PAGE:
Duvinson Norestant played host Dr. Duvy in Saturday night’s Late Night with Teen Empowerment show. Duvy’s main message to the audience was, “Every youth makes a mistake, but you have to have the desire to get back up, and it’s never too late to get back up.”
By Pamela Cyran
Late Night with Teen Empowerment, held April 6, 2013, was the kick-start to Peace Month, which will last throughout April. In the form of a late night talk show, Somerville youth addressed community issues through theater, music, and spoken words (poetry and speeches). Many shared personal stories.
The Center for Teen Empowerment is an organization with a mission to empower youth and promote social change. The center employs youth to plan and promote community events and to raise awareness of community issues. They have multiple locations, two in Roxbury, one in Dorchester, one in Somerville, and one out-of-state in Rochester, N.Y..
Director of External Relations Stephanie Berkowitz, calls the youth “social change agents.” According to her, the city of Somerville struggles with violence, bullying, substance abuse, and especially the youth/police relationship.
“What are the strengths youth have? What are their talents?” said Berkowitz. “We believe they could be the solution to those problems.”
Mayor Joseph Curtatone told the audience at Late Night with Teen Empowerment, “These aren’t youth problems, they’re community problems.” The show kicked off the 7th annual Peace Conference. Teens addressed community issues through music, theater, and spoken words (poetry and testimony).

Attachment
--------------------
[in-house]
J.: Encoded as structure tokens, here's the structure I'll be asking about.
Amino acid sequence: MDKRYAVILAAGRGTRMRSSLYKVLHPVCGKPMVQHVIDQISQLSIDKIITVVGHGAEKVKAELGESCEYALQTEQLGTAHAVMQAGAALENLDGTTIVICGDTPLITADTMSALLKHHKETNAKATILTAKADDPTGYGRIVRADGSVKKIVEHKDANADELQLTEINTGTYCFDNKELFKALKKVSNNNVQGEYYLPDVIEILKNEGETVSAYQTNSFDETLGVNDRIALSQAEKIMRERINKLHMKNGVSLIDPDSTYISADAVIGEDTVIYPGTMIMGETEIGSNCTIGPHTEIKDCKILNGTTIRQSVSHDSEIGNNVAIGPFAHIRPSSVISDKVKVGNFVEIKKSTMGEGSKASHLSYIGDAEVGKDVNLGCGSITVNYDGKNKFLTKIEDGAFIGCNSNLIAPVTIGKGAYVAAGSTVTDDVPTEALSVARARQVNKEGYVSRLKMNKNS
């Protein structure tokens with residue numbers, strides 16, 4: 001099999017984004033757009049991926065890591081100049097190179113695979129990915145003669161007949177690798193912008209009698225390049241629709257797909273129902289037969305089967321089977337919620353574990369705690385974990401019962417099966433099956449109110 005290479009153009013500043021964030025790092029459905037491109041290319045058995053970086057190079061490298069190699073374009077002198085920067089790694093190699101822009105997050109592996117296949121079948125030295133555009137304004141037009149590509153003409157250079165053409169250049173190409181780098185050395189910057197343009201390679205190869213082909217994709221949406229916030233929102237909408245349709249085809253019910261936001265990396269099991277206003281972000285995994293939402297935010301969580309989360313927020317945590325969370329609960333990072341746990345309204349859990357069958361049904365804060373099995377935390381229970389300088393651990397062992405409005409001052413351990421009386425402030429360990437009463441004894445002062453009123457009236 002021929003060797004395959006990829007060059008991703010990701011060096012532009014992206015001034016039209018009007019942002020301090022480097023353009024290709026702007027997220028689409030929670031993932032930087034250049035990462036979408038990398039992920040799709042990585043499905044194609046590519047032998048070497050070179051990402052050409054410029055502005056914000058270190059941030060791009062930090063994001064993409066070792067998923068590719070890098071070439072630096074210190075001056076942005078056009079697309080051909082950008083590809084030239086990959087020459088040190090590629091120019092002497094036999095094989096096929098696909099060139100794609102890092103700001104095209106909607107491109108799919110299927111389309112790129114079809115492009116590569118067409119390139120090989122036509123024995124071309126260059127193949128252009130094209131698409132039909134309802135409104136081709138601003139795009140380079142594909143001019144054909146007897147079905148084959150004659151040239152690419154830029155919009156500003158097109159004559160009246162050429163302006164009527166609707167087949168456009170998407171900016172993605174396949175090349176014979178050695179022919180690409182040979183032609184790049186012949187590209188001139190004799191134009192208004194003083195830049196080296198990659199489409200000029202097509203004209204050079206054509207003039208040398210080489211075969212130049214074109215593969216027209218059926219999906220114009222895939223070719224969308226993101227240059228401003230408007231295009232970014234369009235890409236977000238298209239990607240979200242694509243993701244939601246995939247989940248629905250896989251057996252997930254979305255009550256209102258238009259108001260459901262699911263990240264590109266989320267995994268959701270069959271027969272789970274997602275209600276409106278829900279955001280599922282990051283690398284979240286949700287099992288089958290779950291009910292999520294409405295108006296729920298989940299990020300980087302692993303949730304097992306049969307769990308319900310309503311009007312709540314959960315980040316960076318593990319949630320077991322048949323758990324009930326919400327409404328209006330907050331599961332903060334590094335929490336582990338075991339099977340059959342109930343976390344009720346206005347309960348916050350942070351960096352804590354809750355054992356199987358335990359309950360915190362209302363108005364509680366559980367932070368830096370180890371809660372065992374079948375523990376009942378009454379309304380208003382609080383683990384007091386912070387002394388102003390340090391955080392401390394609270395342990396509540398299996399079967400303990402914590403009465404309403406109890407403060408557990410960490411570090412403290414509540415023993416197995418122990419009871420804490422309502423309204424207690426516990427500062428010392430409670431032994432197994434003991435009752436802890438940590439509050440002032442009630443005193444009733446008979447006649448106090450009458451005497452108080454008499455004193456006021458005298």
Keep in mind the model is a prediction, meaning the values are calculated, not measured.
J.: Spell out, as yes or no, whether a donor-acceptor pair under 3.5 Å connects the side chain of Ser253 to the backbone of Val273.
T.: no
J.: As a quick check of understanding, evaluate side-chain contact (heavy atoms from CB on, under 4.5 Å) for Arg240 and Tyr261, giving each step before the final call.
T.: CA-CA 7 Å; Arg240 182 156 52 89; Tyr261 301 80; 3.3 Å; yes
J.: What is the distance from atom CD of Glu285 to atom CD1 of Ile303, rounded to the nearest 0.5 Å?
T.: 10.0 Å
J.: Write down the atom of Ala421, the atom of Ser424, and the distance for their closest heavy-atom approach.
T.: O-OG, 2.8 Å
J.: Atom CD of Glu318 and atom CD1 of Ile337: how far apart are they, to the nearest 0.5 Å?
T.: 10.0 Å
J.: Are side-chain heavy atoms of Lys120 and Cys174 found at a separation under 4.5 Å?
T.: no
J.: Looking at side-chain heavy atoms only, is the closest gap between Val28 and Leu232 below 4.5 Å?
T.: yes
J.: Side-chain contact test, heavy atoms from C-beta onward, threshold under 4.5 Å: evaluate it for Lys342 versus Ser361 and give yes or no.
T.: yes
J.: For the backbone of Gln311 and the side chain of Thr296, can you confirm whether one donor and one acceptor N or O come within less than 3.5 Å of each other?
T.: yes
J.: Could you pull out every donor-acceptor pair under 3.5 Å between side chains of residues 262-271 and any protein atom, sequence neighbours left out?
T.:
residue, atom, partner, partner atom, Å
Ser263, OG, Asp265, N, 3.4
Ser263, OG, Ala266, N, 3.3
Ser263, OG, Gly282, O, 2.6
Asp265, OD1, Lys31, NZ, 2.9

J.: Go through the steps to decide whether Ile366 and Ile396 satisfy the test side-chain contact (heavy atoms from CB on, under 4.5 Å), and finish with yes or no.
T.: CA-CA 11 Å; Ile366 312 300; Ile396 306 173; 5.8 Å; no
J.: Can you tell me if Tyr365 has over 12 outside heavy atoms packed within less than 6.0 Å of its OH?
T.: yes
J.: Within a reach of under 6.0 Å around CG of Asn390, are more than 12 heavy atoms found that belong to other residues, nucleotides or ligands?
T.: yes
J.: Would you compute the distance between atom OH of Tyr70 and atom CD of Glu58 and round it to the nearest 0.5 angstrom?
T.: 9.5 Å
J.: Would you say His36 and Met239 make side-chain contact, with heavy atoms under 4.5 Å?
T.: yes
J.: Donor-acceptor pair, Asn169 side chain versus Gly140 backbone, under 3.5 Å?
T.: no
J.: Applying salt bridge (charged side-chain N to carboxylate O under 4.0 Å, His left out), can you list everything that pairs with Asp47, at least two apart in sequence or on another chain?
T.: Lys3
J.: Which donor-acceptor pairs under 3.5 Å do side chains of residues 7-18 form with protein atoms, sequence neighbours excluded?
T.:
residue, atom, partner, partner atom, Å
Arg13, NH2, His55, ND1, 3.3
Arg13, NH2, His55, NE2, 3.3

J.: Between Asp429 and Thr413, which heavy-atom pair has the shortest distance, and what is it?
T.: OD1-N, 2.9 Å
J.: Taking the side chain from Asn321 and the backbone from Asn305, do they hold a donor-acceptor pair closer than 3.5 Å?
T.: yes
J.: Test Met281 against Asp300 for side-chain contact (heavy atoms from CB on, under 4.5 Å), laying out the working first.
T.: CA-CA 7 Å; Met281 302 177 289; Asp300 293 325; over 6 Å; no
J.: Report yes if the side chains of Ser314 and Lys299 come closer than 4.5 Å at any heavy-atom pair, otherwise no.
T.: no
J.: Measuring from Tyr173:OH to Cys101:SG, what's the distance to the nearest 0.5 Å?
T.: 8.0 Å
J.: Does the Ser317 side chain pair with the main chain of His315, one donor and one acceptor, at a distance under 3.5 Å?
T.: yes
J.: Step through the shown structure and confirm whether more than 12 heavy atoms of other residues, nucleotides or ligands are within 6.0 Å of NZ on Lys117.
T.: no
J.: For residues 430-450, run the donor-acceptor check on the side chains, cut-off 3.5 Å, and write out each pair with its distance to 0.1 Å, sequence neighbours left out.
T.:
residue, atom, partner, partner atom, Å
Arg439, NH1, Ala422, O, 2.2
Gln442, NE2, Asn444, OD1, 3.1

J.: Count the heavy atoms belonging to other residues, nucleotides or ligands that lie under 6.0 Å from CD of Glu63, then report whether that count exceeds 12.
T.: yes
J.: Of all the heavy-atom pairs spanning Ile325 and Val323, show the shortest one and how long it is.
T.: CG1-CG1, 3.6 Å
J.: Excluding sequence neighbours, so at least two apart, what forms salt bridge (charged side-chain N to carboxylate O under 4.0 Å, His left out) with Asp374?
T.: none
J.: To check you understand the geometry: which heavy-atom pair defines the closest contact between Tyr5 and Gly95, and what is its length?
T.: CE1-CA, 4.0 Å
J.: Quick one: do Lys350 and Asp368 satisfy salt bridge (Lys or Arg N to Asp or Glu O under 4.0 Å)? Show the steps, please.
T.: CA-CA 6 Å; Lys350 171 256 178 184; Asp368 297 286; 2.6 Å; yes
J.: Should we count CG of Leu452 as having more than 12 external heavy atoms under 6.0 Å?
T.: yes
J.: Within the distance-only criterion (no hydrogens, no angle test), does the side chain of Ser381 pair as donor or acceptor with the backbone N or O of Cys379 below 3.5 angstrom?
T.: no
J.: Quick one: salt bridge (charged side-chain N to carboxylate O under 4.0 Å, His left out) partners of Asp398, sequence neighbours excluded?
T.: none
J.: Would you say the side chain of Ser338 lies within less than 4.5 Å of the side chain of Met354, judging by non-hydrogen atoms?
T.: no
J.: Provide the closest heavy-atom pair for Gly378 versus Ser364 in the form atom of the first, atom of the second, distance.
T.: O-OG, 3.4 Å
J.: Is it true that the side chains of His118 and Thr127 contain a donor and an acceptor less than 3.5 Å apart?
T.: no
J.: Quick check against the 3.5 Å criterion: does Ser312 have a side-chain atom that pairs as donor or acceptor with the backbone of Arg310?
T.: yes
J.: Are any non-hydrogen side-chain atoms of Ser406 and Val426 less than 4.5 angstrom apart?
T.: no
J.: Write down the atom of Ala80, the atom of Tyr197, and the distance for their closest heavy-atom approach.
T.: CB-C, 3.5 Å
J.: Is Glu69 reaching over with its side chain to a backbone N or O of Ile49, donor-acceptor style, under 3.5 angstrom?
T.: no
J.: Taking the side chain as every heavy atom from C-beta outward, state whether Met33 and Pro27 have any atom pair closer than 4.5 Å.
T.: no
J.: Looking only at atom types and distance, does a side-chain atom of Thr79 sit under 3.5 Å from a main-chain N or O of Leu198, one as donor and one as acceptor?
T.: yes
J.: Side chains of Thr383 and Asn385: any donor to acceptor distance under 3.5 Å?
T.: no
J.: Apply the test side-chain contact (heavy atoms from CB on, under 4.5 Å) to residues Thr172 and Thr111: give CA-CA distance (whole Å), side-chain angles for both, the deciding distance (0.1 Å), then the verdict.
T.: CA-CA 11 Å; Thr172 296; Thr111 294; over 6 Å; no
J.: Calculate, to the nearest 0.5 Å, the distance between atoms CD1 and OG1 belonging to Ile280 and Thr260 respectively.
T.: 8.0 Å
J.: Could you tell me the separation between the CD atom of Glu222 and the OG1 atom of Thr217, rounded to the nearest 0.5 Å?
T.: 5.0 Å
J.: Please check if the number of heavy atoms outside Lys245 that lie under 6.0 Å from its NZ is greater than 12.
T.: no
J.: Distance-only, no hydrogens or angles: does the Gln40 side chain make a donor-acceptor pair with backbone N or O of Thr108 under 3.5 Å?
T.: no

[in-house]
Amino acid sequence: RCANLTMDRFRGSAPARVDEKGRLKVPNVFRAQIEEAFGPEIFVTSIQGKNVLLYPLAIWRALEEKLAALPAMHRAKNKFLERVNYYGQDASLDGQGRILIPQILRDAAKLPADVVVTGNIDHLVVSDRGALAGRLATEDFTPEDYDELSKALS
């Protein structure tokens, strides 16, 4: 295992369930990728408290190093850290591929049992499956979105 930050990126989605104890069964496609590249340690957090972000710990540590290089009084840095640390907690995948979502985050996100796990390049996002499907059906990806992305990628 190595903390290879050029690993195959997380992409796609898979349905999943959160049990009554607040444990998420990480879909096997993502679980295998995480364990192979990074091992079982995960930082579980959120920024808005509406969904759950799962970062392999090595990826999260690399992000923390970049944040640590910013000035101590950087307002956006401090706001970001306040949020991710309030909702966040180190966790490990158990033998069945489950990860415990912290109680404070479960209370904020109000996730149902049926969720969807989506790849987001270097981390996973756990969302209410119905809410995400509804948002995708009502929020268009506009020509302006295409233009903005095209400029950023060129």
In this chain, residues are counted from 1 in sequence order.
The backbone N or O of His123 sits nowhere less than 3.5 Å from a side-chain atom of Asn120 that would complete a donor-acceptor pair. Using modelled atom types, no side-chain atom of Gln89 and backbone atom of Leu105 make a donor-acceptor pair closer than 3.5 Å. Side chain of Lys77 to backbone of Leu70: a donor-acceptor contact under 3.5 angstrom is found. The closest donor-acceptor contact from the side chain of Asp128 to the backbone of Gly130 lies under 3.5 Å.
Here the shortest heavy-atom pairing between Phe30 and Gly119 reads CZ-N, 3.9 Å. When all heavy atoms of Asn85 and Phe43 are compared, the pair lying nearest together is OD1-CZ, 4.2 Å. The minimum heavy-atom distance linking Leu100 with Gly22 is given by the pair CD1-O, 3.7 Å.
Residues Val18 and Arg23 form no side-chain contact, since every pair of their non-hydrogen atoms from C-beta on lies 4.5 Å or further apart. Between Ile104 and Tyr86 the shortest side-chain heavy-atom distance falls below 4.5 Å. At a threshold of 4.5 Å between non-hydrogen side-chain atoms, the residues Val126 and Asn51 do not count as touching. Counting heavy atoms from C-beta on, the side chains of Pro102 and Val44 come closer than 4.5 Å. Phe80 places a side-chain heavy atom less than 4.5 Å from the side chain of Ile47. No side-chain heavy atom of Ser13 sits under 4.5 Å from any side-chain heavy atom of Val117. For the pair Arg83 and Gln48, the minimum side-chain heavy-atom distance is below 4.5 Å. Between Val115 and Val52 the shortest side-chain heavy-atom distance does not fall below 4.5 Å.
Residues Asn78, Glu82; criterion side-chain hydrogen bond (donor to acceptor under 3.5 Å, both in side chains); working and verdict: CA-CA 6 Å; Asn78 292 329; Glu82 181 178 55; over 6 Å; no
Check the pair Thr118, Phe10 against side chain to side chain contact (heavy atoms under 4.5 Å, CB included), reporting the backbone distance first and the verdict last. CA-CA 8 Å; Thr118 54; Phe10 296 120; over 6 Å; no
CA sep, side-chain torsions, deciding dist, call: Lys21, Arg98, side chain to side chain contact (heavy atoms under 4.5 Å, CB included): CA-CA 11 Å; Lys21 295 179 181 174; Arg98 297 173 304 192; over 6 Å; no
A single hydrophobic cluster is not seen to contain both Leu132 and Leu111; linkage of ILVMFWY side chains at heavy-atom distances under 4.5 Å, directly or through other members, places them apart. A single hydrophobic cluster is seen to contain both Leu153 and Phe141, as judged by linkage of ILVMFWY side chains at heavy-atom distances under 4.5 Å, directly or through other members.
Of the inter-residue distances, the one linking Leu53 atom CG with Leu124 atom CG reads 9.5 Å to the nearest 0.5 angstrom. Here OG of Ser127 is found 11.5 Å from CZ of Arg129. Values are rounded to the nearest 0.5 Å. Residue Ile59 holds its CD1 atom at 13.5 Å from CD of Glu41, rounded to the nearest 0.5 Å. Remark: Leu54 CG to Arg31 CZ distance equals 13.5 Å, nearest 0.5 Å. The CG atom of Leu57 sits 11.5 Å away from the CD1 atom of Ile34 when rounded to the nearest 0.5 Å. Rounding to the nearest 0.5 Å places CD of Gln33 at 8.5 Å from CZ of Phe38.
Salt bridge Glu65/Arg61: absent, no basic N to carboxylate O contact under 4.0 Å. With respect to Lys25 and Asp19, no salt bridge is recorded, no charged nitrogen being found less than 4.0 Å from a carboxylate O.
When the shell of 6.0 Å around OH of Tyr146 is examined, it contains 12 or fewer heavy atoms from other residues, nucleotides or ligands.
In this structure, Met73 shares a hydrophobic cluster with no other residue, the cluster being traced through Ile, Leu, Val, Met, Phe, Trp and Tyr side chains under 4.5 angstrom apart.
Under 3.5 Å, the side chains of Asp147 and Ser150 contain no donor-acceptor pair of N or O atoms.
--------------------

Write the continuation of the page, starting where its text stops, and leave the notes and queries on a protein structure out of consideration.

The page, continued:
In this heated debate, 10 Cent (David “Teddy” Thelemaque) and Dijah (Alexis Lopez) argued over what is “real music,” while 10 Cent’s “girl” Apple (De-Anna Ramos) schmoozed with Late Night’s security guard (Manuel Santiago).
“I am who I’m meant to be, not what they imagine me to be,” said Alexis Lopez in her spoken words titled “It’s YOLO.”
De-Anna Ramos tells the story of her perseverance in “Don’t Give Up Hope.” Ramos called protective services on her abusive and drug-addicted mother, and battled her own addictions. “No matter what obstacles you face right now, know that you are not the only one,” she said. “I still have hope for my mother.”
In an emotional poem titled “Blooming Warrior,” Iesha Guerrier tells the story of her bullying. She was called “loud and ghetto” and “fat and worthless” by not only her peers, but by people who were supposed to educate her. “But who am I?” asked Guerrier. “I’m a blooming warrior!” The audience cheered her on.
In this emotional confrontation between brother and sister, Octavius (Joshua Ojo) hates his sister Marie (Judcine Felix) for putting their mother in a psych ward. Their soccer coach (Danny McLaughlin) tries to be the mediator, but Octavius has joined a gang of drug dealers that he calls his “new family.” Coach told Marie to never give up.
At the end of the show, there was a time for healing. Roses were available for dedication. Illiana Rivera is the first to dedicate hers after Tina Matteo kicks off the healing segment of the show.
Members of the audience of all ages were encouraged to come and dedicate a rose to their loved ones. Many were dedicated to parents, grandparents, siblings and cousins – The influential ones in their lives. There were also roses for those that are no longer among us today.
~Photos by Pamela Cyran